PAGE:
Cuba’s Castro dictatorship continues to claim there was no such thing as “sonic attacks” on American and Canadian diplomats in Havana. They have done everything they can to deflect the attention away from the Cuban government and the evidence implicating them. The Castros have even gone so far as to call it a CIA operation and blamed crickets for the strange sounds the diplomats heard when they were attacked.
But the tyrannical Castro dictatorship was not alone in this attempt to escape accountability. Journalists and academics jumped to the Cuban regime’s defense, amplifying the dictatorship’s preposterous theories and adding a few laughable ones of their own.
One of the theories offered by the defenders of the Castro dictatorship was “mass hysteria.” They claimed dozens of American and Canadian diplomats were simply hysterical, together, at the same time, and made up the symptoms and their sickness. In other words, the diplomats went crazy and were imagining things.
The only problem with the “mass hysteria” theory, apart from its absurdity, is that hysteria does not cause physical injuries like the ones suffered by the diplomats.
‘Havana syndrome’ symptoms of diplomats in Cuba are not mass hysteria
It is a disservice to the men and women of the United States and Canadian diplomatic services to suggest they are suffering from a “mass psychogenic illness” arising from their tenure in Havana.
In the autumn of 2016, many members of the U.S. mission in Cuba began to develop “symptoms of dizziness, ear pain and tinnitus” — as physicians who investigated them reported — after perceiving high frequency noise and cerebral pressure. In the late winter of 2017, 14 members of the Canadian legation began developing similar symptoms.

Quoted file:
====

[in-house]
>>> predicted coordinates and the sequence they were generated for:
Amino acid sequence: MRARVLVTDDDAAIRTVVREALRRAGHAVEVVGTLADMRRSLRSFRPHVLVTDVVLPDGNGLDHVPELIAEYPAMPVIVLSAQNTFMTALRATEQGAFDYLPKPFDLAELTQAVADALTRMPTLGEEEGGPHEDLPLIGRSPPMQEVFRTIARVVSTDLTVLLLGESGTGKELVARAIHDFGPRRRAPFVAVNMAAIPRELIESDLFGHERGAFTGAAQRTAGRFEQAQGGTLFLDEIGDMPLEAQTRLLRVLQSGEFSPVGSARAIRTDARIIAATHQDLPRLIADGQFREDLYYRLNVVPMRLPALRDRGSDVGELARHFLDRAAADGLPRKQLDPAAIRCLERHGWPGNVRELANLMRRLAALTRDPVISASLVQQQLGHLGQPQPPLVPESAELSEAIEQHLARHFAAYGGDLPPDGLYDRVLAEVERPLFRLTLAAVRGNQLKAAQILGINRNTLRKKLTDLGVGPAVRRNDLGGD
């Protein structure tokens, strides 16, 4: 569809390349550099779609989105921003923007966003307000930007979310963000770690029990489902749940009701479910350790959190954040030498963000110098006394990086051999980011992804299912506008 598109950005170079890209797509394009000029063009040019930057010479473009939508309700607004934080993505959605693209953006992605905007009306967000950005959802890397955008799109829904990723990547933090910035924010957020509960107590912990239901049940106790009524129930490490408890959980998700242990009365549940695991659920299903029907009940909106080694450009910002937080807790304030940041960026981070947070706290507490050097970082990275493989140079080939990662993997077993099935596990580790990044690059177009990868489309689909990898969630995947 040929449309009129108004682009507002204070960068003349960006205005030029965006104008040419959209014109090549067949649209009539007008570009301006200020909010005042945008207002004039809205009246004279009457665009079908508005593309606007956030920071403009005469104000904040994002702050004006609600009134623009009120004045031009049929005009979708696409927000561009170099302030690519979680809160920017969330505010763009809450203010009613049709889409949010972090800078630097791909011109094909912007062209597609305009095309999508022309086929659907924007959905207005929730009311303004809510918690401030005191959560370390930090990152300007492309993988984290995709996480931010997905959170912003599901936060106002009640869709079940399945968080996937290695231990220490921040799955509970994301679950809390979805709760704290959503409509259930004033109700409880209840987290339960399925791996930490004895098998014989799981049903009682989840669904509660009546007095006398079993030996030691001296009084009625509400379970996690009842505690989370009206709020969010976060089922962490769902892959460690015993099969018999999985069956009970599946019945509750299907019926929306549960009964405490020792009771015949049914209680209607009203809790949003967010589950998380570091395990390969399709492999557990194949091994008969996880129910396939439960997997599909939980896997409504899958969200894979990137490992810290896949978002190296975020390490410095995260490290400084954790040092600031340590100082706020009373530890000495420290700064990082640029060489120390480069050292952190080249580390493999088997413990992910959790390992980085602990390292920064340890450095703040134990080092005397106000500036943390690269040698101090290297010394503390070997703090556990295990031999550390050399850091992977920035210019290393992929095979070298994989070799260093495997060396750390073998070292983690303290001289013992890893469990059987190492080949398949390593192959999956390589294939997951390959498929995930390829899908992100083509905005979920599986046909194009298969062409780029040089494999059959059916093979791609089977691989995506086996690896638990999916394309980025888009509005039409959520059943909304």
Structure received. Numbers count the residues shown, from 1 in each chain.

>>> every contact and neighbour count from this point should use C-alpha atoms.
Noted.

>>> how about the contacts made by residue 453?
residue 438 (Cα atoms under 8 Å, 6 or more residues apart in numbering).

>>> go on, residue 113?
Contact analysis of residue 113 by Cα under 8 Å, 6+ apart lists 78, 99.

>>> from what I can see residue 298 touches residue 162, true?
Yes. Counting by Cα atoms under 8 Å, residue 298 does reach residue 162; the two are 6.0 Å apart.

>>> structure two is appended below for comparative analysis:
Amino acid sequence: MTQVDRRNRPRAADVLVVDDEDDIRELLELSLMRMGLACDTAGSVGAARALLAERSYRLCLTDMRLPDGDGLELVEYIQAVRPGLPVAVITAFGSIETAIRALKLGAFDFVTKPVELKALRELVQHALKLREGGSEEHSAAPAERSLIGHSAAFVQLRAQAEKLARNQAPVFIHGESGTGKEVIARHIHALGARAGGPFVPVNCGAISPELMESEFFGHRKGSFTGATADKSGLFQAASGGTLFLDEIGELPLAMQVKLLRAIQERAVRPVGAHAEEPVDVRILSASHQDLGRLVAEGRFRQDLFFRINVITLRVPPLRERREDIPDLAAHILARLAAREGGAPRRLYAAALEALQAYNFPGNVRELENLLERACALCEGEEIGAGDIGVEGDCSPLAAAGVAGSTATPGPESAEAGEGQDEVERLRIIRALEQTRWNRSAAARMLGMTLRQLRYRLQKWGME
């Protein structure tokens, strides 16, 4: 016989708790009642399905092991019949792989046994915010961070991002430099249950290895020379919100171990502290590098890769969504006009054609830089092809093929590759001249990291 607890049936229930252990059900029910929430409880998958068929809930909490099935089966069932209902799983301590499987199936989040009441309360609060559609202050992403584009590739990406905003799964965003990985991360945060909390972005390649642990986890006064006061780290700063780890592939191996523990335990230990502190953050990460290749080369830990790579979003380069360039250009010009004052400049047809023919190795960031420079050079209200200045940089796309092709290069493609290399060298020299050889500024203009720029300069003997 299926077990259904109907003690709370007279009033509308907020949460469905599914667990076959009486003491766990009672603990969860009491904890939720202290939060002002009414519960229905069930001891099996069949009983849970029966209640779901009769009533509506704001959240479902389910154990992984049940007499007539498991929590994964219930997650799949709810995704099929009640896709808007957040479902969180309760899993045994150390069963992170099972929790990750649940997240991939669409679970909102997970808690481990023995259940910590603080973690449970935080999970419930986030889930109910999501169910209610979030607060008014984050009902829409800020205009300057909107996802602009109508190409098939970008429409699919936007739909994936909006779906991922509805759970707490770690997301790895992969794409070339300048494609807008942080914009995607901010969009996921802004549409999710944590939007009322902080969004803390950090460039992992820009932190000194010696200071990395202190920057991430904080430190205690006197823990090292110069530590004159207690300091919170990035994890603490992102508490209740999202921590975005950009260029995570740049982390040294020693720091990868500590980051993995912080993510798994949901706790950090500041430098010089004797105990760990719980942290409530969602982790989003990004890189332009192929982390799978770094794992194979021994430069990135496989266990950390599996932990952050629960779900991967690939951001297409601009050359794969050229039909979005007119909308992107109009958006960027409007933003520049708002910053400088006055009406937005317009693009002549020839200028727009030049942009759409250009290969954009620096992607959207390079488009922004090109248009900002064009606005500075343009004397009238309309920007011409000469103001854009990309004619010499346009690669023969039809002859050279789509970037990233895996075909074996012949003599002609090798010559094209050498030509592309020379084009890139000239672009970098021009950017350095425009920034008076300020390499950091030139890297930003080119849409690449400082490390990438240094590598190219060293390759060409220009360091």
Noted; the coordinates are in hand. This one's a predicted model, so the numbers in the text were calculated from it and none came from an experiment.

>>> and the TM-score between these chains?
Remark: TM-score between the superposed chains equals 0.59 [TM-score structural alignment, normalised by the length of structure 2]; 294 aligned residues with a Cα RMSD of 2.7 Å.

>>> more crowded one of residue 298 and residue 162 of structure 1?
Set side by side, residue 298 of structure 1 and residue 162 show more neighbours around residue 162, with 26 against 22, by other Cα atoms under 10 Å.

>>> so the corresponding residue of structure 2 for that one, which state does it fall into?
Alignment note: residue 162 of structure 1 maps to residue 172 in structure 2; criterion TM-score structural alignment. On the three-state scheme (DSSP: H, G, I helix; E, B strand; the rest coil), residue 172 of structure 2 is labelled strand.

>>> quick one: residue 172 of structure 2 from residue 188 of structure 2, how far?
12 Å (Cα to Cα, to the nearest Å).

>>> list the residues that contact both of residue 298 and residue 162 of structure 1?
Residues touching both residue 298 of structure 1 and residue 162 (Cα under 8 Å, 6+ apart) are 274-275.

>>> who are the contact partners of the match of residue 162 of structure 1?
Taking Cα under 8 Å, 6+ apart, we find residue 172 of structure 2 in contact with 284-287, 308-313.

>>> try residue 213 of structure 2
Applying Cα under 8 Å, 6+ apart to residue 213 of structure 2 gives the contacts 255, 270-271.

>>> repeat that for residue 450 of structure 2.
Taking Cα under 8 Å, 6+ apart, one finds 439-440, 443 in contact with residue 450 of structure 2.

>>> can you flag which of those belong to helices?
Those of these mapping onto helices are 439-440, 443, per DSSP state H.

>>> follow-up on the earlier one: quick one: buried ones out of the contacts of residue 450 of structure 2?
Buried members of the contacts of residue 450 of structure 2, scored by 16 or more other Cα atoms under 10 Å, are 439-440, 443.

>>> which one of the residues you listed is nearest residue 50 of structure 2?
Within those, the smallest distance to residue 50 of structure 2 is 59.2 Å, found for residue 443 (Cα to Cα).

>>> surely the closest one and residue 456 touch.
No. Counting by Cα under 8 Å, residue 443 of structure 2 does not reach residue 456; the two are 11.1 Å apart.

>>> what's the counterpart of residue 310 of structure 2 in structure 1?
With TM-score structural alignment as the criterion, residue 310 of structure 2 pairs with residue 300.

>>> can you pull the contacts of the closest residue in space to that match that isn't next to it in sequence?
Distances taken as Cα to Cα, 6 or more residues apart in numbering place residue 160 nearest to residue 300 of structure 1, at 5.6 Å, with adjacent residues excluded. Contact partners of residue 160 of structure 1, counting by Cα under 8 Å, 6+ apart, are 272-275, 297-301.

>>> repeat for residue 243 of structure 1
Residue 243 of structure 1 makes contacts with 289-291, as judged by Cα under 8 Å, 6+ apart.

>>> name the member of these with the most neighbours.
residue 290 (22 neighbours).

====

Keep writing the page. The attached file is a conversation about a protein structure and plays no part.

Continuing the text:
The mysterious “Havana syndrome” has since been a subject of intense speculation. The question is whether the victims are suffering from a psychogenic disorder arising in the mind or a somatogenic disorder arising from a physical disorder of brain tissue itself. Mass psychogenic illness is simply a new term for what used to be called “epidemic hysteria.”
Do these diplomats have hysteria, now being called “Havana Syndrome?” Or do they have a lesion, caused by some kind of a device intended to inflict injury?
Victims suffered traumatic brain injuries
A number of things are wrong with the “psychogenesis” (hysteria) argument. Most notably, symptoms of hysteria are caused by the action of the mind.
A study led by Dr. Michael E Hoffer, a neuro-otologist at the University of Miami, however, reported problems with the central vestibular system (inner ear) in 36 per cent of American diplomats and their families affected by Havana syndrome.
Lesions in this part of the auditory apparatus would be organic. Inner ear damage is not psychogenic and means that the tissues of the inner ear itself have sustained some kind of assault.
The affected Canadians who were evacuated to the University of Miami, and who then subsequently went to the University of Pennsylvania for similar examinations, were reportedly diagnosed with “traumatic brain injuries akin to concussions.”
Continue reading HERE.